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← In Memoriam: Ajita Kamal, 1978-2011

In Memoriam: Ajita Kamal, 1978-2011 - Comments

Bala's Avatar Comment 1 by Bala

A tragic loss to the freethought movement in India. He gave a platform for atheists and humanists from around India to voice their opinions freely both online and on-ground. We need to continue the amazing work he has been doing.

Fri, 13 Jan 2012 09:55:56 UTC | #907865's Avatar Comment 2 by

We lost a great,young man promoting free-though in this country.. The entry of Ajita to India was a great boost to our movement. Now his untimely death is a real set back.

Fri, 13 Jan 2012 15:47:29 UTC | #907931

TeraBrat's Avatar Comment 3 by TeraBrat

I'm hoping there wasn't any foul play here.

Always sad when someone dies and doubly sad when they die too young.

Fri, 13 Jan 2012 17:03:35 UTC | #907953

KRKBAB's Avatar Comment 4 by KRKBAB

I wish there was more interest about Nirmukta and rationalism in India with people on Every time there is something posted to this website about atheism/rationalism in India there is a noticeable lack of comments. I'm an American, but I have high hopes (AND interest) in India regarding their addictions to woo. And to echo TeraBrats comment, I also hope no foul play will be found in Ajita Kamal's death.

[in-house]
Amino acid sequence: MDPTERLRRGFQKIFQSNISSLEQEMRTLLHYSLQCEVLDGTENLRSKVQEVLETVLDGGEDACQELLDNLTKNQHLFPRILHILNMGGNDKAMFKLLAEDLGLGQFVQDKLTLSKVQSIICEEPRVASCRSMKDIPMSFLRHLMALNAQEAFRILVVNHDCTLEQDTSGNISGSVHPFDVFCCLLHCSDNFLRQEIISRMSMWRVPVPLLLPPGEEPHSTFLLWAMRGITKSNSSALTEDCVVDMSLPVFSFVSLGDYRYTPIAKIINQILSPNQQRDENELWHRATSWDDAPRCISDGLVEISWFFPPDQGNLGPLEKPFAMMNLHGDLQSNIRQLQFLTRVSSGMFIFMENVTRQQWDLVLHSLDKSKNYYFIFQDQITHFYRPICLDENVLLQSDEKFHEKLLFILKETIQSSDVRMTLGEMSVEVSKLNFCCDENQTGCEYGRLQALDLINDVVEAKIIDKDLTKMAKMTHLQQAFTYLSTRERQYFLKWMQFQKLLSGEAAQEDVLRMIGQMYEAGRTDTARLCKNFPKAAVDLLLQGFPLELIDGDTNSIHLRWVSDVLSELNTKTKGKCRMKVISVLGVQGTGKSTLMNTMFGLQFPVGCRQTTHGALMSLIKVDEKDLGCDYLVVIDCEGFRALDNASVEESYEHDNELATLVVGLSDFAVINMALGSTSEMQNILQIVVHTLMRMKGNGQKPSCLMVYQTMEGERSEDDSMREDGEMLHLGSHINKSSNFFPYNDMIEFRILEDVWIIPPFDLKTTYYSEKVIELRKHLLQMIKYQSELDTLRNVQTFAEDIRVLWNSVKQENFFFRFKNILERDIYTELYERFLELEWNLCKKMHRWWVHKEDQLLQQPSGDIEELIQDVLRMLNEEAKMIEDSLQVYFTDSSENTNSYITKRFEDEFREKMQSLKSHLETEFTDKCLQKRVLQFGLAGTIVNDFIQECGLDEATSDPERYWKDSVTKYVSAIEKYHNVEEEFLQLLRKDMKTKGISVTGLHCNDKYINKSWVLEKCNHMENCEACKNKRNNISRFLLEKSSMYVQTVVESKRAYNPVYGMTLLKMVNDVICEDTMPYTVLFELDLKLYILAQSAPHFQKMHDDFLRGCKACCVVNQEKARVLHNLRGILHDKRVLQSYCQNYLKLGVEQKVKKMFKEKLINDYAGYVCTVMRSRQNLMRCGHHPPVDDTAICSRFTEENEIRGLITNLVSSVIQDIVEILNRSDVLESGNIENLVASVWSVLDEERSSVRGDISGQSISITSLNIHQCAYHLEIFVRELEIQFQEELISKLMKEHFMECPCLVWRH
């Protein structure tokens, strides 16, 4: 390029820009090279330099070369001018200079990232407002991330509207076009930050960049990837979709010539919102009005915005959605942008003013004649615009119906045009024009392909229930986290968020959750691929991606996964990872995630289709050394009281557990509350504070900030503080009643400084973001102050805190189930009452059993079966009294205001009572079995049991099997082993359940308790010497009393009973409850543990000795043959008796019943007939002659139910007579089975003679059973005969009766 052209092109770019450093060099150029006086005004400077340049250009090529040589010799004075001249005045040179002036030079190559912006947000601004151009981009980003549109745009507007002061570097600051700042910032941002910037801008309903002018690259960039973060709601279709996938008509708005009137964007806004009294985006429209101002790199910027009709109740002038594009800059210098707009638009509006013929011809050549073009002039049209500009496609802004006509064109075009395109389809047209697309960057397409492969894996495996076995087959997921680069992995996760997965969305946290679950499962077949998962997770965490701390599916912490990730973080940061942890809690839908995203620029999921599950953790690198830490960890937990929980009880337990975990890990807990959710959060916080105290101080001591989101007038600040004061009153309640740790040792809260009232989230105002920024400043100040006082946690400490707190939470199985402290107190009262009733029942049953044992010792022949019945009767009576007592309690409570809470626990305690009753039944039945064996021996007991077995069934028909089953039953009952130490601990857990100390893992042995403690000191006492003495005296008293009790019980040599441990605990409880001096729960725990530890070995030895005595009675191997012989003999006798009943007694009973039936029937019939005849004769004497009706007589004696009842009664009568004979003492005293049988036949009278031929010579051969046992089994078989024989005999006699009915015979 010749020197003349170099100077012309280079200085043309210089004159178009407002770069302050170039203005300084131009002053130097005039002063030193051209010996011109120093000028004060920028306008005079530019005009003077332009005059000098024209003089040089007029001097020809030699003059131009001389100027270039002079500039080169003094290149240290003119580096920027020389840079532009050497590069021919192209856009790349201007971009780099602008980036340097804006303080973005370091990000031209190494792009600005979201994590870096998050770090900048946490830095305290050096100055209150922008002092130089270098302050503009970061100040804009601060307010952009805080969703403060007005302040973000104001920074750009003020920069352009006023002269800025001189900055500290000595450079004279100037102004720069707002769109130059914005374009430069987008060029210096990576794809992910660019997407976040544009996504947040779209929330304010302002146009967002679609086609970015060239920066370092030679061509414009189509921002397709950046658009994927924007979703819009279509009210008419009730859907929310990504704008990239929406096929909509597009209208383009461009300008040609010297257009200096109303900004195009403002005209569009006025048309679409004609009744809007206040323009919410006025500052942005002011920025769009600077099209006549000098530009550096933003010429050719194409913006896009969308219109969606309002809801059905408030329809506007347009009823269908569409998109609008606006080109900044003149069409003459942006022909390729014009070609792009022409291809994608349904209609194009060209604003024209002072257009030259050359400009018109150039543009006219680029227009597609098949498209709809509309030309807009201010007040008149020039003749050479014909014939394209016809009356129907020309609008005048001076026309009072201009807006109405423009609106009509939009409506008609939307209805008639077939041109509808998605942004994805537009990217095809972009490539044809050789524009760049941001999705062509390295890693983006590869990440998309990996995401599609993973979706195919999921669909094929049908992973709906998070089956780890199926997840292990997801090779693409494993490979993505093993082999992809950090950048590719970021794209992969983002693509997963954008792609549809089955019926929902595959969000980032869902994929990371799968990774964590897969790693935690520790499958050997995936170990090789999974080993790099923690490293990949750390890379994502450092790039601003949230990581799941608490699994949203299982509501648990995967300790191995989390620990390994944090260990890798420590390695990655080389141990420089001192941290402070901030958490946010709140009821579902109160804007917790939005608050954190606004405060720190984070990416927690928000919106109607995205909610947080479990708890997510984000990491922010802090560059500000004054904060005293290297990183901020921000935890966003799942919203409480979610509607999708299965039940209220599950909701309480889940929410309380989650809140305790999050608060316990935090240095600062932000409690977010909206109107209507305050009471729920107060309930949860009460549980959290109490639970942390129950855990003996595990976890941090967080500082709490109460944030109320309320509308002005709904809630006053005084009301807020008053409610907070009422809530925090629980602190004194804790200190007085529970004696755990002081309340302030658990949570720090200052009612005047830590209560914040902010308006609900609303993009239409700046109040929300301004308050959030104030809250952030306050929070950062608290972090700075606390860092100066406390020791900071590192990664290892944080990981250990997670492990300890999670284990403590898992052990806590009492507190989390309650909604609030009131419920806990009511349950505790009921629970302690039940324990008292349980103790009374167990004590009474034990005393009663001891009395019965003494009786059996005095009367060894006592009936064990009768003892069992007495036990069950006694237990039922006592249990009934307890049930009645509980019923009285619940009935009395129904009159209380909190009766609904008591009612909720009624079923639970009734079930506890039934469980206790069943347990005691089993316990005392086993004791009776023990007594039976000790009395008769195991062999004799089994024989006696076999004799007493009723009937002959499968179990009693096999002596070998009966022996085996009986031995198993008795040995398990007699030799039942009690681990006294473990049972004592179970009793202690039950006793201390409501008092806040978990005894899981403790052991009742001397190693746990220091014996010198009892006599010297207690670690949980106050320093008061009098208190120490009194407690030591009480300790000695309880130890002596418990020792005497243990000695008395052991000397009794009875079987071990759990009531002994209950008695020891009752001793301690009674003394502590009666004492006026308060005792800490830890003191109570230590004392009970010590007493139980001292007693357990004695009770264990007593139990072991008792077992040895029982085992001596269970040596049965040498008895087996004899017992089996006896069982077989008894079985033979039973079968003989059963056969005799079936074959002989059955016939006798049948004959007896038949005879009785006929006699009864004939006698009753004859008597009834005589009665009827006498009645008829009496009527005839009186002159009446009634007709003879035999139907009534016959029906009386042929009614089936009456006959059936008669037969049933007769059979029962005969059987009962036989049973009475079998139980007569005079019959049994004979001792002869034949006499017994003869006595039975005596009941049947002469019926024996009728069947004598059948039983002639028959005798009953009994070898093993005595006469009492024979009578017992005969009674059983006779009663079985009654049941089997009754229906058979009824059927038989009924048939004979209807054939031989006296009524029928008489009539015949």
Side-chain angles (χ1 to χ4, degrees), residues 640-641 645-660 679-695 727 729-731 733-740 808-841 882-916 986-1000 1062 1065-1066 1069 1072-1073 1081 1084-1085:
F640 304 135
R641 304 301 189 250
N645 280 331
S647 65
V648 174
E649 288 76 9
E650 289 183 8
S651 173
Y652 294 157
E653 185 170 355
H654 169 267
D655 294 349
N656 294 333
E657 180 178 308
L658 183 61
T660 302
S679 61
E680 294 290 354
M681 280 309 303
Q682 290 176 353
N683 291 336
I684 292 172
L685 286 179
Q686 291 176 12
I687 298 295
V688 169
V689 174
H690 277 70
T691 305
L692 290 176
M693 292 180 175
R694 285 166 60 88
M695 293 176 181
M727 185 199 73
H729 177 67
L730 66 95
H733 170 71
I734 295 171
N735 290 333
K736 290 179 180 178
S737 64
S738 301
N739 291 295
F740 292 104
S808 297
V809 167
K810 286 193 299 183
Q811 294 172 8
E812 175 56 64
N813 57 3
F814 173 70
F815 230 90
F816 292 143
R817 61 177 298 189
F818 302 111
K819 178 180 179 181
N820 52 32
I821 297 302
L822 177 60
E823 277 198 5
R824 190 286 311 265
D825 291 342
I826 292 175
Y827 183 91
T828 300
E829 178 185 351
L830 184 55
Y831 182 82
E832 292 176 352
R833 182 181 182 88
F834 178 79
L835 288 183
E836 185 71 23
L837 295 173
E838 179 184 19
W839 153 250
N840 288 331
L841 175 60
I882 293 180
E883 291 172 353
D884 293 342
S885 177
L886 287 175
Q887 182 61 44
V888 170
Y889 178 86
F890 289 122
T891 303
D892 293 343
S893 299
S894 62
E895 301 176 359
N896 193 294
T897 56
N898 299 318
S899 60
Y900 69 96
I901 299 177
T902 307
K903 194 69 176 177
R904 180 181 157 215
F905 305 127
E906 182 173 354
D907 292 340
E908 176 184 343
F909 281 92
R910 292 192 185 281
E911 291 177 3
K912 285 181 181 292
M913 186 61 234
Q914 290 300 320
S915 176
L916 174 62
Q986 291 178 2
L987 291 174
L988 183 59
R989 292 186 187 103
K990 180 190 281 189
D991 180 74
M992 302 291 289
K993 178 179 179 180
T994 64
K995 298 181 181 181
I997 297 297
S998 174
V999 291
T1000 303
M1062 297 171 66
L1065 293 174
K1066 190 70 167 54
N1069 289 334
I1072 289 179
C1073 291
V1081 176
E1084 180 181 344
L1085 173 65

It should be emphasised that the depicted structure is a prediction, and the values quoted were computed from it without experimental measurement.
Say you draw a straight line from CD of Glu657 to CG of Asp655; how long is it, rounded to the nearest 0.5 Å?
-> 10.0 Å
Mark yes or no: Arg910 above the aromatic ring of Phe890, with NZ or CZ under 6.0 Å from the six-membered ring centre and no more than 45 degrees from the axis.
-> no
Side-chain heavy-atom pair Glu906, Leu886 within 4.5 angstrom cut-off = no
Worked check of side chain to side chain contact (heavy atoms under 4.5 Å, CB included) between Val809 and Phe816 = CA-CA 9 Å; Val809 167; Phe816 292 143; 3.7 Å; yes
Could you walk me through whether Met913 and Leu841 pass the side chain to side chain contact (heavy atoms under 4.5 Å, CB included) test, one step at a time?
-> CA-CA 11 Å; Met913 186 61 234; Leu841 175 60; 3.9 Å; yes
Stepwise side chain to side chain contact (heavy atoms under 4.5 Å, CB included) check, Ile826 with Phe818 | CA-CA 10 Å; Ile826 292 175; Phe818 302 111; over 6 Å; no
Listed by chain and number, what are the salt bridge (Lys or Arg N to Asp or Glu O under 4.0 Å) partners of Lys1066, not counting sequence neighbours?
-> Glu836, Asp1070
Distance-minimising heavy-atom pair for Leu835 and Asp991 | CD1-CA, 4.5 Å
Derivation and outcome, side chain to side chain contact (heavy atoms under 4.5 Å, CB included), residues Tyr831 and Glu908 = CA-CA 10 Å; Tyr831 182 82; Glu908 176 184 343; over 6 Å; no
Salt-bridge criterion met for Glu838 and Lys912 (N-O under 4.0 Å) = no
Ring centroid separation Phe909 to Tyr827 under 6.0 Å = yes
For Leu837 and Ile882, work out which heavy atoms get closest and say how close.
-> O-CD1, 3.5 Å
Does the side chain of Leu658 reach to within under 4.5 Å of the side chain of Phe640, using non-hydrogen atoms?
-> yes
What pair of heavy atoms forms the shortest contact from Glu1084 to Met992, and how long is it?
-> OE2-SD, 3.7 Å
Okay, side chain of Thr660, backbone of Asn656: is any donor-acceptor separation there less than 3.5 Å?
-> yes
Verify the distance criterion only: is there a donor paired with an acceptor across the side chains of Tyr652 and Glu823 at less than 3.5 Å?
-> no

Fri, 13 Jan 2012 20:55:29 UTC | #908024

RSingh's Avatar Comment 5 by RSingh

20 people has f'liked it as of now. Thats significant considering is non-Indian site. I am an irregularvisitor to nirmukta site. Ajita's contribution was prolific there. He will be missed a lot.

Sat, 14 Jan 2012 04:22:08 UTC | #908118

Mrkimbo's Avatar Comment 6 by Mrkimbo

I agree with KRKBAB. India has several inspiring anti-religious traditions and they should be more widely known - India is often unfairly portrayed only as a country that often seems stuck in superstition. Like apostate Muslims these are brave people swimming against the tide, and deserve more acknowledgement and support. From an Anglo-Australian.

Sat, 14 Jan 2012 10:28:19 UTC | #908162

aroundtown's Avatar Comment 7 by aroundtown

I can understand the grief of losing someone you admire and appreciate. We have lost a freethinker and just recently suffered the loss of Hitchens and they come as blows to the psyche. I prefer at these times to rest in the knowledge that the work they started, the legacy, continues. The life cut short, while we mourn it, is a part of the natural world we live in and we all make that journey eventually. We strengthen ourselves when we view their lives for the positive aspects imparted to our conscious and time takes care of the rest in the healing process. We are, and I am, continuing his legacy at this very moment.

Sat, 14 Jan 2012 16:14:19 UTC | #908243

srikuppu's Avatar Comment 8 by srikuppu

Comment 3 by TeraBrat I'm hoping there wasn't any foul play here. Always sad when someone dies and doubly sad when they die too young.

[Link to personal blog removed by moderator]

Ajita published his article about Sai Baba as below

Wed, 25 Jul 2012 17:00:17 UTC | #950063